No-Till Alternatives to Silage Tarps
After this week’s article about how “we really need to talk about” the potential toxicity of pthalates, a lot of people we’re asking for alternatives to the polyethylene tarps. And our suggestions may not be what you expect...
It is important, however, to start by asking ourselves what tarps do for us and what we hope to achieve by using them.
First, growers use tarps for a few very specific reasons: when we’re starting a new garden, when flipping whole plots, to terminate cover crops, for cleaning up cultivation mistakes (slowly raises hand), and for keeping a plot ready to plant so nothing grows there and it doesn’t erode (see the contradiction).
The net effect of tarping (or occultation, if you’re feeling fancy) is that it helps germinate some weed seeds, cleans up crop residue, and basically offers you a ready-to-go garden with minimal effort and minimal tillage. Conversely, it may cause some compaction and anaerobic issues. And if they are polluting the soil—which, again, we need more testing (I am actually contacting labs as I write)—and will inevitably pollute the environment, then what can we use in their stead?
Two Different Polys
There is a difference between polyethylene and polypropylene. The woven polypropylene tarps are, to my understanding, less likely to contain the pollutants like phthalates (pronounce “thal-ates” or more fun “f-thal-ates”). Though the microplastic—eventually nano-plastic—issue still exists, this could be a simple alternative. Heavier and generally more expensive, but an easy option.
Assuming you want to get away from tarps entirely, you can simply plow and form your permanent beds however you intend. We have talked about this a number of times, but tillage may—for those low in organic matter or rich in clay—be a good overall approach if done properly. Add good compost, good organic matter, all the minerals you need, then till. Sure, you’ll have to stay on top of the weeds during the first few seasons, but eventually the weed pressure will decline.
You also have the option of mowing intensively, adding thick cardboard or paper mulch, then covering with thick compost and woodchips in the paths (see Richard Perkins for great advice on this).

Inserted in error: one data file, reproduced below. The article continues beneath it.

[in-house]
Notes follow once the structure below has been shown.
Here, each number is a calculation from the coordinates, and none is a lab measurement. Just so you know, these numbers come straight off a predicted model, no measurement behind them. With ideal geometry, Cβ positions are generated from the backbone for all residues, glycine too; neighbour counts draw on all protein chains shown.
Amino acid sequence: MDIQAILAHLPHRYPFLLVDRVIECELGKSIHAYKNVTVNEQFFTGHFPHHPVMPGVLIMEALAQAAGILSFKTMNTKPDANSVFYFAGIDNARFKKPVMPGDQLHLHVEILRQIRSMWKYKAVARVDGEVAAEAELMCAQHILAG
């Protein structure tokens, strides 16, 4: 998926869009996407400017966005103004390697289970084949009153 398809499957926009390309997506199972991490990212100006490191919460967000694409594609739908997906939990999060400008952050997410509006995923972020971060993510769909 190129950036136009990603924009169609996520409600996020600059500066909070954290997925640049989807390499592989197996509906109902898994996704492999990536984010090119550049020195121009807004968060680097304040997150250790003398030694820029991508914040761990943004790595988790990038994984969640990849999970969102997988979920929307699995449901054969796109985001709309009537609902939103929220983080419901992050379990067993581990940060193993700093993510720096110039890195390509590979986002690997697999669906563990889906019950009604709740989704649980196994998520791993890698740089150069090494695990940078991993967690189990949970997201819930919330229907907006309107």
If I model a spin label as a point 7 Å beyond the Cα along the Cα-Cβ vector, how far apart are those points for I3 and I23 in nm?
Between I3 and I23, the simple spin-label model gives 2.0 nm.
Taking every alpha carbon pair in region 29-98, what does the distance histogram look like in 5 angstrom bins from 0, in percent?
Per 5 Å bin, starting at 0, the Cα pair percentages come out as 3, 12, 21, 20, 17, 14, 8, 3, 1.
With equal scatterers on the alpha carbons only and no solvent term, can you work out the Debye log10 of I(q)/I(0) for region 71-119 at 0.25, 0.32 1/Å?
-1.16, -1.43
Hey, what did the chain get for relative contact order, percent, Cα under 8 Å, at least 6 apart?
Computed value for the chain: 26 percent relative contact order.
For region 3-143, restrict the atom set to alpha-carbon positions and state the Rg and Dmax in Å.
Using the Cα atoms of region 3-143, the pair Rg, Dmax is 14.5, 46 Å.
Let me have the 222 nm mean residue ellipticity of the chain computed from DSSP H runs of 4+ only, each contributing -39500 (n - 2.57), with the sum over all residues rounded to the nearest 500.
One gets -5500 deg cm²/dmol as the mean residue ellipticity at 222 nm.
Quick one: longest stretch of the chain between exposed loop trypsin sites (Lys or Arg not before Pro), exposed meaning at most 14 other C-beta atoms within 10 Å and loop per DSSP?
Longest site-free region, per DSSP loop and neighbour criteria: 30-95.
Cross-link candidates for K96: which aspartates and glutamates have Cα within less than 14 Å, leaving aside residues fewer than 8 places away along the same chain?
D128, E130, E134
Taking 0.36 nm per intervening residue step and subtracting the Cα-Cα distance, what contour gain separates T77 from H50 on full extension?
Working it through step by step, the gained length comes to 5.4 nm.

This is where it gets more tricky and/or labor intensive. We have a whole plot of garlic coming out right now. What do I do about the residual weeds that are thrilled about the newfound sunlight?
Using our farm for an example, the weedwhacker bed flip is an option, but we’re talking ten 100ft beds, so that’s not a small job. Also, we can pull the weeds as we pull the garlic, but we will definitely miss some. We could cultivate out any weeds we miss and expect a little cultivation to come, but the plot should probably be planted immediately. Our plan right now is the pull weeds, lightly cultivate, and plant immediately to a cover crop before fall carrots. Why not build a little soil in the interim? Which leads us to…
Terminating Cover Crops
Tarps are amazing at terminating cover crops. Truly a game changer for no-till growers to be able to throw a tarp over a cover crop and have it do all the work. But what other options are there? There is always rolling and crimping, but that is tough on a small scale and timing has to be damn-near perfect. You could mow the cover and immediately transplant, but in beds where carrots are the end goal—dense direct seeding—what then? A tight mowing of the right cover crops (Sudangrass will grow back, for instance, buckwheat will not), may be a good place to start. Then, direct seed and flame weed in five days (this is what I will likely do,I’ll keep y’all posted). But, if the mulch is desired, what about pressing it down—maybe a la Frith Farm or with a roller of some sort—then flaming it immediately to kill the tender stems? I have also thought about the weedwhacker/schythe option for terminating it at the base, then raking it aside into the paths and seeding. That may be a little messier and labor-intensive overall, but an option none-the-less.
It’s easy to see how complicated and nuanced dealing with cover crops in a no-till system can be, especially without the use of tarps, but we think cover crops perform important functions for the soil, enough so to keep working on methods of incorporating them into the small-scale, no-till, hypen-friendly, market-garden effiiciently and effectively.
One could also mow, cover with cardboard or something organic, then more compost, but that is an expensive proposition to do year after year and one we don’t recommend. A bed should ideally be set up one time and then amended as needed. Setting up a new bed after every flip would not likely be profitable.
Something Conor Crickmore has done a great job of highlighting is that a tarp is, at best, a placeholder. If you need a placeholder, you may be farming too much land, or not farming it well enough. Your placeholder should, within reason, always be plants. “Keep it planted as much as possible” is a critical no-till principle for maximizing photosynthesis. If you screw up a plot it’s a sign of bad management (I point the finger at myself here, too).
Although tarps can help correct mistakes, they should not be relied upon. I believe it would not be the worst thing for my farm to simply remove the option entirely and learn to farm better. Will I get into a pickle from time to time? For sure. Will I continue to repeat the same mistakes without the big polyethylene eraser? That is far less likely.
What about hay and straw?
If you can get weed free hay and straw then go nuts. If you can’t, then you may end up with the same issues you are trying to cover up. I like straw (I’m calling about some today), but it has to be seed free.
What are some of the methods you’re employing to reduce your reliance on tarps? Let us know int he growers community.
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